Google's monthly security updates are out in the form of factory images, and that means it's time for some new code in AOSP. Since these versions are dedicated to closing security holes, there certainly won't be any new features and the bug fixes probably won't have much effect on battery life or performance, but they will keep the baddies from treating your phone like it runs an old version of Windows.
A number of serious vulnerabilities were fixed in this release, including two critical issues that could be used for remote code execution. Details have been posted on the Nexus Security Bulletin. Read More
A constant source of consternation among owners of OPPO devices has been the heavily customized ColorOS and especially the slow speed of Android OS updates to it. OPPO has held strong to ColorOS, owing in large part to its reported popularity in Asian markets. Today, in an effort to appease enthusiast owners, OPPO has announced an initiative to support current devices with an AOSP ROM with limited customizations.
OPPO left some clues that they would do something like this, not that it comes as a huge surprise to anyone given the long demands for it. A company rep teased big changes just a month ago in an OPPO forum thread filled with whining about software updates. Read More
The folks at CyanogenMod work fast. It was only two days ago that the AOSP code was updated with October's security fixes (following Google's promise to issue monthly security updates to Android) and now these changes have been merged into the custom ROM's code and are stable enough to deserve a "snapshot" label instead of the nightly status.
This isn't the first 12.1 stable(ish) release from CyanogenMod. The title goes to last month's snapshot which brought Android 5.1.1 to many of CM's supported devices. But this new build should be even more stable and reliable than that thanks to the new fixes. Read More
With any update to Android, it can be good to know more than just the major features and changes. Sometimes we've got to dig into the deepest little adjustments to figure out why something is working better – or worse – than before. We've now got the changelogs posted for all of the Android versions released yesterday, including both the major update to Android 6.0 Marshmallow and the much smaller 5.1.1 security updates for October.
The v5.1.1 updates aren't very exciting since they only account for about a dozen security fixes. The changelogs may not even be the best way to read about what has changed because there's a post in the Android Security Updates group that lists each of the issues that have been resolved with this month's updates. Read More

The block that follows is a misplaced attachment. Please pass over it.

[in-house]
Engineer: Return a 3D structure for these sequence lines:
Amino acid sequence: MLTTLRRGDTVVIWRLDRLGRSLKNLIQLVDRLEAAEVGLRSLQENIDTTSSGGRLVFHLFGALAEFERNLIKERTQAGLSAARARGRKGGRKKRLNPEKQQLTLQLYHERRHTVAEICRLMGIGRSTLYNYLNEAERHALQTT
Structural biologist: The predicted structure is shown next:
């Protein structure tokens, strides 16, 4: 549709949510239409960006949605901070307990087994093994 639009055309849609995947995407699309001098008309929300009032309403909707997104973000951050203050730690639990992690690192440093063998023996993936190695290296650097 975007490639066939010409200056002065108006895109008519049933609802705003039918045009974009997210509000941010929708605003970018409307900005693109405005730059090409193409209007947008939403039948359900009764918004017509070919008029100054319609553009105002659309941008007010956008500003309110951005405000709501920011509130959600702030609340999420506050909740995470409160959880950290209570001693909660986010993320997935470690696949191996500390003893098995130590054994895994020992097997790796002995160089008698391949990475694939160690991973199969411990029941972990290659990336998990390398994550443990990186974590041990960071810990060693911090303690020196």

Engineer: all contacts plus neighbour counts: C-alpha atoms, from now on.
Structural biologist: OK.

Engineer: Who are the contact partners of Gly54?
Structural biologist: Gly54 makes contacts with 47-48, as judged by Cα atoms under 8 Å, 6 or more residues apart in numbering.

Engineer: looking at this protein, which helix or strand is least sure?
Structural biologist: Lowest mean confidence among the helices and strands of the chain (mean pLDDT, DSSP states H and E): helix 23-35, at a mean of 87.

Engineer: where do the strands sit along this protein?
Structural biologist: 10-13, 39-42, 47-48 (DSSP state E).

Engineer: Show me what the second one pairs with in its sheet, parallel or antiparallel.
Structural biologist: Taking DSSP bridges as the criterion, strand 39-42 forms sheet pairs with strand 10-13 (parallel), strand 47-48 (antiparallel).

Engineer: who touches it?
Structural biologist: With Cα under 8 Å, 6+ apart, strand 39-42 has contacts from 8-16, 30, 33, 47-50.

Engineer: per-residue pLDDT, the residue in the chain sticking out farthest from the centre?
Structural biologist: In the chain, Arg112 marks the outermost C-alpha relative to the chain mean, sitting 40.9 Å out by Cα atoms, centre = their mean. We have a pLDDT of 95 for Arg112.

T-Mobile began rolling out security-centric updates to Nexus devices yesterday. As we already know, there aren't any big changes due out in this release, but Google has pushed the latest code up to the Android Open Source Project (AOSP) for the world to see. As usual, we've put together a changelog for easy reading.
Updates for T-Mobile devices are built from a dedicated branch in AOSP with custom code to support the Wi-Fi calling feature. As it turns out, the list of changes for this update to LMY48M closely resembles the r6 to r9 update from last month, otherwise known as the update that (mostly) fixed Stagefright. Read More
The Android public issue tracker is a place for users to report possible bugs to Google's engineers, but just because something is reported doesn't mean it'll get fixed right away. Many users have been experiencing a battery draining bug in Lollipop caused by the device's radio remaining active for too long, but only now is Google doing something about it. The fix is expected to roll out in Android 6.0. Read More
Sony is ahead of most other OEMs when it comes to its support of open source. It contributes significantly to AOSP and even releases binaries for many of its devices so developers can build AOSP ROMs for them. Today, Sony is announcing support for the first three 64-bit devices in the Open Device project. Read More
Earlier today, Google released updated factory images for all of its supported Nexus devices to patch up some reasonably serious vulnerabilities in a core Android library called Stagefright. While we await the stream of OTAs that are sure to follow, there's a fresh code drop to the Android Open Source Project containing security-related patches. Don't expect to see any new features or user-facing changes, this one is all about closing loopholes. Nevertheless, there are some interesting things to peek at.
A quick look at the changelog shows the highest concentration of fixes were made to frameworks/av (audio/visual), which is used extensively in the Stagefright library. Read More